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Confidence and Cheesecake: The Story of Café Barcomi

Why Didn't I Think of That?! Cafe Barcomi Brought New York Style Cheesecake to Berlin, Germany

Here’s an entrepreneur who wouldn’t take no for an answer.

It’s the story of Berlin, New York style cheesecake, and a woman who wouldn’t let naysayers sway her confidence. Join me for the World Premiere of this new 90-second Why Didn’t I Think of That?® feature, Café Barcomi.

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When Seattle native Cynthia Barcomi moved to Berlin in the 80’s, she could barely speak a word of German. Her goal was to be a professional dancer. And she was, for eight years. She joined a dance company, learned to speak German, and had two children. And after all that, she decided it was time for a change.

She wanted to open a cafe, to roast coffee, sell her baked goods, and introduce the Germans to New York style cheesecake. Germans loved coffee and cake, after all, so the idea was seemed foolproof in her mind.

Why Didn't I Think of That?! Cafe Barcomi Brought New York Style Cheesecake to Berlin, Germany

But Barcomi soon found she was somewhat alone in her thinking. She got her papers in order, wrote up a proposed budget, and went looking for a loan.

“I went to about 12 banks and was rejected by them all,” Barcomi told Businessweek in 2009.  “I represented a triple whammy: I was a foreigner, a woman, and I wanted to start a food business.”

Perhaps naively, I refused to give up. The kind of American-style entrepreneurial spirit that I had grown up with doesn’t really exist here. Repeatedly, I was given the prevailing wisdom in Germany: If my idea were a good one, it would already exist—and since it doesn’t, then we don’t need it. I was told there are no new good ideas. I said: ‘I’m sorry, I beg to differ. With that attitude we’d all be riding around in horse carriages because nobody would have invented the car.’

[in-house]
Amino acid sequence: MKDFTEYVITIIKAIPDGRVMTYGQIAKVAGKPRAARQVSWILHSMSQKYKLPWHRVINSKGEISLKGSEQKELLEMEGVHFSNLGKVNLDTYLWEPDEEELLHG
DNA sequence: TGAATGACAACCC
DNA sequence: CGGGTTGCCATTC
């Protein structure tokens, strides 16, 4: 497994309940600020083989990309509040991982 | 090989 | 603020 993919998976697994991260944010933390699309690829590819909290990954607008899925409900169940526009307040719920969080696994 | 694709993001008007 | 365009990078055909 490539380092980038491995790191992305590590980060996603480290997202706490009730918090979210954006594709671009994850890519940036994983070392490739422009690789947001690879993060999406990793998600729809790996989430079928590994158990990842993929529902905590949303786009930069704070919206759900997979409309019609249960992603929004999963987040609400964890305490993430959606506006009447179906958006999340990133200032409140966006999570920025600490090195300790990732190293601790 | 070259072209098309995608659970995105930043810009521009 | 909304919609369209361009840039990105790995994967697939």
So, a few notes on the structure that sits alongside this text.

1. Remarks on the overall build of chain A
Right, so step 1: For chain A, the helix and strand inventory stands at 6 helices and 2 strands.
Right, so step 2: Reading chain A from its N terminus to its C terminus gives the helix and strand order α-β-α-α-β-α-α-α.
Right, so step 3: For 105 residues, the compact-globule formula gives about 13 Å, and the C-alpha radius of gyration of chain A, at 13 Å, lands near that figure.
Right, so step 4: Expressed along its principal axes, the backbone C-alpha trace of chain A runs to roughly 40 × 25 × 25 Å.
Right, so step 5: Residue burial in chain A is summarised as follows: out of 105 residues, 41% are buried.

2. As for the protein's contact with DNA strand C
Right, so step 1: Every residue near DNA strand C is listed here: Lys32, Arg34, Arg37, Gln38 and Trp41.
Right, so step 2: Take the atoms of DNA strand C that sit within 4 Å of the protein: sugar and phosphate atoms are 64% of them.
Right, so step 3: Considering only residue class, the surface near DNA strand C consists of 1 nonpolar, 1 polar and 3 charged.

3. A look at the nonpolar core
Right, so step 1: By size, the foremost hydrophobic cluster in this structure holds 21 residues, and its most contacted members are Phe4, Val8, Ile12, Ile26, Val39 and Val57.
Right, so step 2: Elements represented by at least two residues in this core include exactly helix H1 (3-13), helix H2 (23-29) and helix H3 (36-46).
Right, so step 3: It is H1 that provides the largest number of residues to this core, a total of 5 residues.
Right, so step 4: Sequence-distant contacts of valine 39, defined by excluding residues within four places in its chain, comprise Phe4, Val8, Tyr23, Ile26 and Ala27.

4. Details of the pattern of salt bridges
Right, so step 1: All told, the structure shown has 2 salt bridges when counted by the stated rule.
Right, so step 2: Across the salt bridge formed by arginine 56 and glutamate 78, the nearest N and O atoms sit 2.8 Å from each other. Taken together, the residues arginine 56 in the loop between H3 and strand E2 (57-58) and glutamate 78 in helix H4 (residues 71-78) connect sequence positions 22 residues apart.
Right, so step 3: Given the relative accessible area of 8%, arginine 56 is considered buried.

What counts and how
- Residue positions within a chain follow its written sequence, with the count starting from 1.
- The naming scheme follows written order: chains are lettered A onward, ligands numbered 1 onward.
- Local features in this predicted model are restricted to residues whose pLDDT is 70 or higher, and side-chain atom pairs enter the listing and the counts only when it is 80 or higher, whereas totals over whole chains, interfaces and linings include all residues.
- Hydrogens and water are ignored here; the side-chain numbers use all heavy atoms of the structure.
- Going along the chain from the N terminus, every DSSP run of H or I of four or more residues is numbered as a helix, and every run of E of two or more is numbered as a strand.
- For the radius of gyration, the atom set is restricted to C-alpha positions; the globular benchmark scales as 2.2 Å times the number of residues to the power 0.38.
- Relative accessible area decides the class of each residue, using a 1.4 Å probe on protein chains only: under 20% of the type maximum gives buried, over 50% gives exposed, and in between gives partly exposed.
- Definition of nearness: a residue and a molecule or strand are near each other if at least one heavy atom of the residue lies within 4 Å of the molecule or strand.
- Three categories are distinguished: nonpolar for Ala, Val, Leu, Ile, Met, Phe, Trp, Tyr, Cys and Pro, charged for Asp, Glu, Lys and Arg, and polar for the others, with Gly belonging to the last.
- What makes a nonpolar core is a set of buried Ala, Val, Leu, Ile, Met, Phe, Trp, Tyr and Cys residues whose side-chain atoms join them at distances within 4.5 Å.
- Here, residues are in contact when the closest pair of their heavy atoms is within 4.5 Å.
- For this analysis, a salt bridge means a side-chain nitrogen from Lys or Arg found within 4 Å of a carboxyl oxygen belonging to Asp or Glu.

Of course, it’s hard to maintain resolve in the face of abject rejection. But Barcomi’s ability to do just that is what has the German media calling her “Berlin’s Coffee Queen” and “Miss American Pie.”

She took her cookies to the bank meetings. She only spoke in German. She barred her husband from attending the meetings with her. “I was a woman, and I was going to convince them I could do it.”

Within two months, she got her loan. It was for $100,000. That plus her $15,000 in savings, and Café Barcomi was ready for business. She used her cakes and coffee to lure in the locals. Her New York cheesecake and bagels were seen as exotic American delicacies.

And it was only a matter of years–okay, a little over a decade–before that $115,000 turned into more than $2 million in revenue. It wasn’t an easy road to get there. But she did.

“In America I was taught you can be anything. In Germany the attitude is that the government will take care of you or you learn a trade and that’s what you do. Most people here see starting their own business as an alternative to being unemployed. For me it was definitely advantageous to have stuck with it and figured out how to run a business here, but I don’t think I could have done it had I not been fluent in the language and lived here for many years first.”

Today, Café Barcomi has two locations in Berlin, one with a coffee roastery, and one with a deli.

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